By Alecia Nachtigal, February 26 2015 —
Jealousy affects everyone, often for the worse. In his new book, Jealousy, University of Calgary classics professor Peter Toohey says that despite its negative connotations, jealousy isn’t such a bad thing.
“Emotions are hardwired into people and are there for evolutionary reasons,” Toohey says. “Disgust stops you from eating poisonous things and anger allows you to protect your family.”
Similarly, jealousy is used to defend against a devastating loss, such as losing your home or your partner. It’s an emotion of self-preservation.
Although jealousy is often confused with envy, Toohey says there’s an important distinction between the two. Jealousy involves a feeling of loss whereas envy is about gain.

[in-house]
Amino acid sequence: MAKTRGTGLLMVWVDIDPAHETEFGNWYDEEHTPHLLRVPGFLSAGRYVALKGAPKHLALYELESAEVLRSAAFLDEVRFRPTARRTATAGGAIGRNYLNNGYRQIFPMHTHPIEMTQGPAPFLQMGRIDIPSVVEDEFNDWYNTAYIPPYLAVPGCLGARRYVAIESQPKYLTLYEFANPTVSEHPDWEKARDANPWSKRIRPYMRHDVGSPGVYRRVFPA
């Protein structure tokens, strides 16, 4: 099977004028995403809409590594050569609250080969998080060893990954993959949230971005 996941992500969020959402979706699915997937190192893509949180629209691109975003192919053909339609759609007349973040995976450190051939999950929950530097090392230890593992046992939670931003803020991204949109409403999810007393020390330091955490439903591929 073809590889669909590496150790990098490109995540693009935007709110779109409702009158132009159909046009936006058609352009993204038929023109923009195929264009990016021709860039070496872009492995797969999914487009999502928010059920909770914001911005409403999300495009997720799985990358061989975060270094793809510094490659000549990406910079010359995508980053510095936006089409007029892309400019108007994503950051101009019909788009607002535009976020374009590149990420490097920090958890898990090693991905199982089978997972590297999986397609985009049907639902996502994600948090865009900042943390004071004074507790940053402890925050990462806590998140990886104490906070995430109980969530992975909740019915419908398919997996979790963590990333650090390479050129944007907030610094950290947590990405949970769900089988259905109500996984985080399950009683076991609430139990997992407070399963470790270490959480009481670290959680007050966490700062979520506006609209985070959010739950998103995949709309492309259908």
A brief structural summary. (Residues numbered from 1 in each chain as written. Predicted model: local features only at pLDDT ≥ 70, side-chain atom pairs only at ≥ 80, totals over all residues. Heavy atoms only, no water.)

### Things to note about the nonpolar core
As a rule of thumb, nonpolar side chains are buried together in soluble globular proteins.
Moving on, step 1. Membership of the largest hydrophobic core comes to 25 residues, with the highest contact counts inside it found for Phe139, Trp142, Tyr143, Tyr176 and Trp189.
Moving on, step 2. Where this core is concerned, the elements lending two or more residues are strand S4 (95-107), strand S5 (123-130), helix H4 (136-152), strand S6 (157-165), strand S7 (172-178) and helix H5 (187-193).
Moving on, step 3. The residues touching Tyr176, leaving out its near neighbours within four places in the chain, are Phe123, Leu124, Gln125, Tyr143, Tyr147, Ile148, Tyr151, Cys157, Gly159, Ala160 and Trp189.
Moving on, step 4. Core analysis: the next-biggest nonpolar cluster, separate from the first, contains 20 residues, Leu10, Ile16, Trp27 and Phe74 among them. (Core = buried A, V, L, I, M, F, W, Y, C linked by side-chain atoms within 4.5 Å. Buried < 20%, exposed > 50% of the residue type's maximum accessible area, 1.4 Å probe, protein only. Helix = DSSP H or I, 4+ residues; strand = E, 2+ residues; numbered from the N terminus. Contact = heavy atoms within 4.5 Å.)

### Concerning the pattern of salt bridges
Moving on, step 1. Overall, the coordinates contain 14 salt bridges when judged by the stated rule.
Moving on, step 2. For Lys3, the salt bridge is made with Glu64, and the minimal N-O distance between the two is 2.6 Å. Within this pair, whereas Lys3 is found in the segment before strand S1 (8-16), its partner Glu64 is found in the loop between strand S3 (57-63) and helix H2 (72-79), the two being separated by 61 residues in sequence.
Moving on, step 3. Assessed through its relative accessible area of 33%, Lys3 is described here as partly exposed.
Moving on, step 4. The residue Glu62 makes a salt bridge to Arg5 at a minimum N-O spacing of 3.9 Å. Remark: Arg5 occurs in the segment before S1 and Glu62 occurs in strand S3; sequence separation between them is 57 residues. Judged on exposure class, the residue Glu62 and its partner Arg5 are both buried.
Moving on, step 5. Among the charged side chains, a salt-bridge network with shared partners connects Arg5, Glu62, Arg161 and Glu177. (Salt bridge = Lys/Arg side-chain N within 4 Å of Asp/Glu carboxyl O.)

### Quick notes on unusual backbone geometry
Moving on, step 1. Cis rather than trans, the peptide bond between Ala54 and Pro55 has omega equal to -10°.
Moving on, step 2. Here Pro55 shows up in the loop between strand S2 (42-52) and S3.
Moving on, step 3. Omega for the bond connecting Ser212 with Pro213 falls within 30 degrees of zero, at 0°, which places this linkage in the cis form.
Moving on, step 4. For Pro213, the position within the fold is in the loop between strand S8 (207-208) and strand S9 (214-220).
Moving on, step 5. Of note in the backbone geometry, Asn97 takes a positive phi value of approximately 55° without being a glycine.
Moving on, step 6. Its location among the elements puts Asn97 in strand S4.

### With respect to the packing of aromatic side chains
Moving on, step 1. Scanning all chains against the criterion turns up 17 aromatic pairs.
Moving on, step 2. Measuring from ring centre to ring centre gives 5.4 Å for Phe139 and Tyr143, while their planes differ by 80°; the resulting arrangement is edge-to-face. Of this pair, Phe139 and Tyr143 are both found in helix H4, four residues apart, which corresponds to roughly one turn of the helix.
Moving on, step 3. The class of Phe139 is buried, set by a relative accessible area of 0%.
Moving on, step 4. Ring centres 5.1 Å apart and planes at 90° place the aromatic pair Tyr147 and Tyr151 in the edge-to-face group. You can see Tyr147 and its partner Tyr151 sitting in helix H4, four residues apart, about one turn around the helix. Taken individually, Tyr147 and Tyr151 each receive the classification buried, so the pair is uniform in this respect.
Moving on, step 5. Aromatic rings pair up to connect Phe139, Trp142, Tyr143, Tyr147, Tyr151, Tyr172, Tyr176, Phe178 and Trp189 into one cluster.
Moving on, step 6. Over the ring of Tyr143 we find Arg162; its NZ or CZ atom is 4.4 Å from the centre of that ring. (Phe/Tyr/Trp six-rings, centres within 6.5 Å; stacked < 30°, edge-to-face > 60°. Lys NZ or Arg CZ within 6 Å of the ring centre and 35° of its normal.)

He mentions that it’s possible to use jealousy to improve personal and social contexts. In relationships, this emotion brings a sense of connection and attachment to a partner.
“People will use jealous promises to try to test a person and bring them back if they’re starting to stray,” Toohey says. “It’s one means for people to firm up their relationships.”
Toohey describes acting on feelings of jealousy as a way to seek personal justice, giving people the drive to fight for what they deserve.
“We want to say that we’re beyond the need for jealousy but I don’t want to believe that,” Toohey says.
Toohey redeems the emotion by asking, “Who doesn’t feel jealousy, and who hasn’t manipulated jealousy to their own advantage?”
As long as jealousy doesn’t take complete control, it has a place in our lives. Though moderation and balance are key, he says.
“Emotions are there for positive ends,” Toohey says. “Jealousy binds us all together.”
Toohey’s book is available for purchase at the U of C bookstore.